There are two sides constantly battling inside of us – one is filled with strength and courage while the other is doubt and insecurities. Which one will you feed?

‘What if I mess up this speech? What if I’m not funny enough? What if I forget what to say?’

It’s no wonder why many of us are uncomfortable giving a presentation. All we do is bring ourselves down before we got a chance to prove ourselves. This is also known as a self-fulfilling prophecy – a belief that comes true because we are acting as if it already is. If you think you’re incompetent, then it will eventually become true.

Motivational coaches tout that positive mantras and affirmations tend to boost your confidents for the moments that matter most. Say to yourself: “I’ll ace this speech and I can do it!”

Take advantage of your adrenaline rush to encourage positive outcome rather than thinking of the negative ‘what ifs’.

Here’s a video of Psychologist Kelly McGonigal who encourages her audience to turn stress into something positive as well as provide methods on how to cope with it:

4. Understand your content

Knowing your content at your fingertips helps reduce your anxiety because there is one less thing to worry about. One way to get there is to practice numerous times before your actual speech.

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However, memorizing your script word-for-word is not encouraged. You can end up freezing should you forget something. You’ll also risk sounding unnatural and less approachable.

“No amount of reading or memorizing will make you successful in life. It is the understanding and the application of wise thought that counts.” – Bob Proctor

Many people unconsciously make the mistake of reading from their slides or memorizing their script word-for-word without understanding their content – a definite way to stress themselves out.

Understanding your speech flow and content makes it easier for you to convert ideas and concepts into your own words which you can then clearly explain to others in a conversational manner. Designing your slides to include text prompts is also an easy hack to ensure you get to quickly recall your flow when your mind goes blank.[2]

One way to understand is to memorize the over-arching concepts or ideas in your pitch. It helps you speak more naturally and let your personality shine through. It’s almost like taking your audience on a journey with a few key milestones.

5. Practice makes perfect

Like most people, many of us are not naturally attuned to public speaking. Rarely do individuals walk up to a large audience and present flawlessly without any research and preparation.

In fact, some of the top presenters make it look easy during showtime because they have spent countless hours behind-the-scenes in deep practice. Even great speakers like the late John F. Kennedy would spend months preparing his speech beforehand.

Public speaking, like any other skill, requires practice – whether it be practicing your speech countless of times in front of a mirror or making notes. As the saying goes, practice makes perfect!

6. Be authentic

There’s nothing wrong with feeling stressed before going up to speak in front of an audience.

Many people fear public speaking because they fear others will judge them for showing their true, vulnerable self. However, vulnerability can sometimes help you come across as more authentic and relatable as a speaker.

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Drop the pretence of trying to act or speak like someone else and you’ll find that it’s worth the risk. You become more genuine, flexible and spontaneous, which makes it easier to handle unpredictable situations – whether it’s getting tough questions from the crowd or experiencing an unexpected technical difficulty.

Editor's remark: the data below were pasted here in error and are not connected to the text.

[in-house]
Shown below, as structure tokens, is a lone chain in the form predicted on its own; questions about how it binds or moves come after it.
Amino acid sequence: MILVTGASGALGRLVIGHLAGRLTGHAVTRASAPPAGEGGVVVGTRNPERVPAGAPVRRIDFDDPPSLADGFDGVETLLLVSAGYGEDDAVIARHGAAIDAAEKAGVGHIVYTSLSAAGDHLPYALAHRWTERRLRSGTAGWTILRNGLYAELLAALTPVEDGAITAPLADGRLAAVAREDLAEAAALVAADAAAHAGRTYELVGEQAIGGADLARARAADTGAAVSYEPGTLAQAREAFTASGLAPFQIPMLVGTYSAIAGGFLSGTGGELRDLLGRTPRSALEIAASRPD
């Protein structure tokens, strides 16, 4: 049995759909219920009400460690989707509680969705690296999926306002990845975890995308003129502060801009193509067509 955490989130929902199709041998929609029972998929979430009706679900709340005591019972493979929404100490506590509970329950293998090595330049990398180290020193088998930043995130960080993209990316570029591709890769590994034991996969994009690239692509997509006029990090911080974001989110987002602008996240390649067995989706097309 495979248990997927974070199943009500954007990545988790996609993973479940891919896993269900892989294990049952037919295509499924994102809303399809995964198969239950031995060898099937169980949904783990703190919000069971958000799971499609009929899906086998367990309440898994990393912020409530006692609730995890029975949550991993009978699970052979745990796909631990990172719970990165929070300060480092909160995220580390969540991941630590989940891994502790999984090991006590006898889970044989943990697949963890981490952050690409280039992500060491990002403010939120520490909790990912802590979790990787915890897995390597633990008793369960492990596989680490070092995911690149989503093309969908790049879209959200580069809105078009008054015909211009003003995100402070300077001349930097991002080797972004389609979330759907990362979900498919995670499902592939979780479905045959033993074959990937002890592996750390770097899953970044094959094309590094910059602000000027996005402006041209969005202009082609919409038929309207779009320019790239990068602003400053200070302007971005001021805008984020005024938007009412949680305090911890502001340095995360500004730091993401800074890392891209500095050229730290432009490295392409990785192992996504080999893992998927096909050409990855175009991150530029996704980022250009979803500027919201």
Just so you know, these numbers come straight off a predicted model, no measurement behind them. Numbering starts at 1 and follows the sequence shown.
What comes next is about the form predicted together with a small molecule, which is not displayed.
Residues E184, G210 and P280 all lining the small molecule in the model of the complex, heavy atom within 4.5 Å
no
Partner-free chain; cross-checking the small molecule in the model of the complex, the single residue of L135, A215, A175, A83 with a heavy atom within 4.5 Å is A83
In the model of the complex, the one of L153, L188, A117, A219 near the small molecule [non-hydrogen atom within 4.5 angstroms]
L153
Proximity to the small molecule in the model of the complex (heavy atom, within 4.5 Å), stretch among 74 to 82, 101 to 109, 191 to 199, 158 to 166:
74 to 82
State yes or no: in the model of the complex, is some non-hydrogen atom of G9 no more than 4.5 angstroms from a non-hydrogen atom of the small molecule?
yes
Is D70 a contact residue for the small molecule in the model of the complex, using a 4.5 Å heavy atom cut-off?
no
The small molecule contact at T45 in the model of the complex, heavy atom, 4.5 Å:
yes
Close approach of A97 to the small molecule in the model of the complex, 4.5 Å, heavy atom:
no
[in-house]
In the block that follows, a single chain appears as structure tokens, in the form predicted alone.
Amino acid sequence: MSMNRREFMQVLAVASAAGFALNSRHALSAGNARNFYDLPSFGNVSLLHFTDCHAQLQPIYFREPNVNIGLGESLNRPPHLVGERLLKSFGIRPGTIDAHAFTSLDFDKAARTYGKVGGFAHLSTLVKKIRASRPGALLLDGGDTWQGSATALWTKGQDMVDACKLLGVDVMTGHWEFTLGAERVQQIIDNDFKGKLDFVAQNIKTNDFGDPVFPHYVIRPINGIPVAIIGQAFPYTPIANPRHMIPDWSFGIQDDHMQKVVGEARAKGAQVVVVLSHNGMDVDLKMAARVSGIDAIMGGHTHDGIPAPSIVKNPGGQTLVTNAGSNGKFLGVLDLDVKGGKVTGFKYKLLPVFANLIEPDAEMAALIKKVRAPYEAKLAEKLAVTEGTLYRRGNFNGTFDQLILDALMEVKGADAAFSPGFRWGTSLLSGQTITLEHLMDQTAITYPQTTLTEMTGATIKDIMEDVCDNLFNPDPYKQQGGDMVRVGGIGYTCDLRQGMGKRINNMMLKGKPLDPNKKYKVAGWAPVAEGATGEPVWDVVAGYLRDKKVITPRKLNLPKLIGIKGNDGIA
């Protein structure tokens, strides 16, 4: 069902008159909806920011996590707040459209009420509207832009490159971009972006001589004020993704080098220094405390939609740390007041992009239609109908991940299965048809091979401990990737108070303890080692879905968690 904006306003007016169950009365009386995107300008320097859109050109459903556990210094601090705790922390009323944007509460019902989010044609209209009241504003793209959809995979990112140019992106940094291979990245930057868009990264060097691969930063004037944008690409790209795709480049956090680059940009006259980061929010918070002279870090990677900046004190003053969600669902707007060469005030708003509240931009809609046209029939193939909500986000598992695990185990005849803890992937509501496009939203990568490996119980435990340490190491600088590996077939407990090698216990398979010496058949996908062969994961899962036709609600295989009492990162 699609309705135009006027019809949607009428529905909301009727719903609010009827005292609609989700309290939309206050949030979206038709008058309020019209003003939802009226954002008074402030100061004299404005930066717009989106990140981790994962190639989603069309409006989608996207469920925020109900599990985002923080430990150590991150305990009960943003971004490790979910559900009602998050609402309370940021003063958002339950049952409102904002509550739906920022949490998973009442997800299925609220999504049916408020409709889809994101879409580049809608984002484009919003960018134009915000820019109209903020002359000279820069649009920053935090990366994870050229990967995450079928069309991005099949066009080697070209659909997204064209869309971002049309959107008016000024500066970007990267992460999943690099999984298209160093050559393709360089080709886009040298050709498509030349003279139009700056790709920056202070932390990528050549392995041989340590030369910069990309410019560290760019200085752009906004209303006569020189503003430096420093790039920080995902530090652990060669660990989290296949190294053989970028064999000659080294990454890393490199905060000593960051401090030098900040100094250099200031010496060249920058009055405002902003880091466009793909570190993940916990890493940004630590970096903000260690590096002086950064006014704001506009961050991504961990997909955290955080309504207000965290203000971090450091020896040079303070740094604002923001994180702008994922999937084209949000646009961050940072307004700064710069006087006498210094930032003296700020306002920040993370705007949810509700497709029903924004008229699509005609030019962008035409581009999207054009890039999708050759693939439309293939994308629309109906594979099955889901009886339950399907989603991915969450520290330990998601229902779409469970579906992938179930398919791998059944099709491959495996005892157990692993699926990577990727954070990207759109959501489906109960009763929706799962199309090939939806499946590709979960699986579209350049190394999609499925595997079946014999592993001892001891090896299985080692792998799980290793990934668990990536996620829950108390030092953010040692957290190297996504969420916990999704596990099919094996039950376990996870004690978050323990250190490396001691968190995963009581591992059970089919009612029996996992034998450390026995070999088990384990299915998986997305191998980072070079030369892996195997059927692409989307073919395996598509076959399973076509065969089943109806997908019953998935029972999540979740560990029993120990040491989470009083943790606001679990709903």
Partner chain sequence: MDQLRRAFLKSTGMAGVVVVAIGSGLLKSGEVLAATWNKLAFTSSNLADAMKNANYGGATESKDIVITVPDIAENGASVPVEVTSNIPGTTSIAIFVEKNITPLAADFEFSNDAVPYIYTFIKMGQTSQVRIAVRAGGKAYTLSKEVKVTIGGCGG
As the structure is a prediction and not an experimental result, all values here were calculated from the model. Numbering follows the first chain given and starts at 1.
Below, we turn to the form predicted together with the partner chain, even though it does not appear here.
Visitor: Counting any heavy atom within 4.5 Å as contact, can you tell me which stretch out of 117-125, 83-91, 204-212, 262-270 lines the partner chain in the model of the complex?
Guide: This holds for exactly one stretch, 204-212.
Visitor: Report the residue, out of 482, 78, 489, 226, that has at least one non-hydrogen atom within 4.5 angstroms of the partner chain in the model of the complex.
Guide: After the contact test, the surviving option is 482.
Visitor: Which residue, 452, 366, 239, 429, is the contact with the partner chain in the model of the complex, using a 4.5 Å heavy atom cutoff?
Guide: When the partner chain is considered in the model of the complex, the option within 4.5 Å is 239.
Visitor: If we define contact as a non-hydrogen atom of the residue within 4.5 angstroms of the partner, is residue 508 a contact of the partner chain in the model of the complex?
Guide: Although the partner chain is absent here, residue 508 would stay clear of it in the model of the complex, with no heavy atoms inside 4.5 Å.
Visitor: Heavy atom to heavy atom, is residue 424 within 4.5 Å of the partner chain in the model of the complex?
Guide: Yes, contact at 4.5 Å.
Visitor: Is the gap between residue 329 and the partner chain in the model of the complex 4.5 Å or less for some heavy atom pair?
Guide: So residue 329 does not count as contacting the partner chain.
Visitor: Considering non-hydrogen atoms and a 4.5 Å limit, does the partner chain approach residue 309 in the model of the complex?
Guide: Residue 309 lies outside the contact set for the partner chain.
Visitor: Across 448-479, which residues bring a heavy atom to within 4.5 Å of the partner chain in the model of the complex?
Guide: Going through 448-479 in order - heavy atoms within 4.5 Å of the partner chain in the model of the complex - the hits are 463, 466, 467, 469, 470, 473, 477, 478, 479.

To find out your authentic style of speaking is easy. Just pick a topic or issue you are passionate about and discuss this like you normally would with a close family or friend. It is like having a conversation with someone in a personal one-to-one setting. A great way to do this on stage is to select a random audience member(with a hopefully calming face) and speak to a single person at a time during your speech. You’ll find that it’s easier trying to connect to one person at a time than a whole room.

With that said, being comfortable enough to be yourself in front of others may take a little time and some experience, depending how comfortable you are with being yourself in front of others. But once you embrace it, stage fright will not be as intimidating as you initially thought.

Presenters like Barack Obama are a prime example of a genuine and passionate speaker:

7. Post speech evaluation

Last but not the least, if you’ve done public speaking and have been scarred from a bad experience, try seeing it as a lesson learned to improve yourself as a speaker.

Don’t beat yourself up after a presentation

We are the hardest on ourselves and it’s good to be. But when you finish delivering your speech or presentation, give yourself some recognition and a pat on the back.

You managed to finish whatever you had to do and did not give up. You did not let your fears and insecurities get to you. Take a little more pride in your work and believe in yourself.

Improve your next speech

As mentioned before, practice does make perfect. If you want to improve your public speaking skills, try asking someone to film you during a speech or presentation. Afterwards, watch and observe what you can do to improve yourself next time.

Here are some questions you can ask yourself after every speech:

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  • How did I do?
  • Are there any areas for improvement?
  • Did I sound or look stressed?
  • Did I stumble on my words? Why?
  • Was I saying “um” too often?
  • How was the flow of the speech?

Write everything you observed down and keep practicing and improving. In time, you’ll be able to better manage your fears of public speaking and appear more confident when it counts.

If you want even more tips about public speaking or delivering a great presentation, check out these articles too:

Reference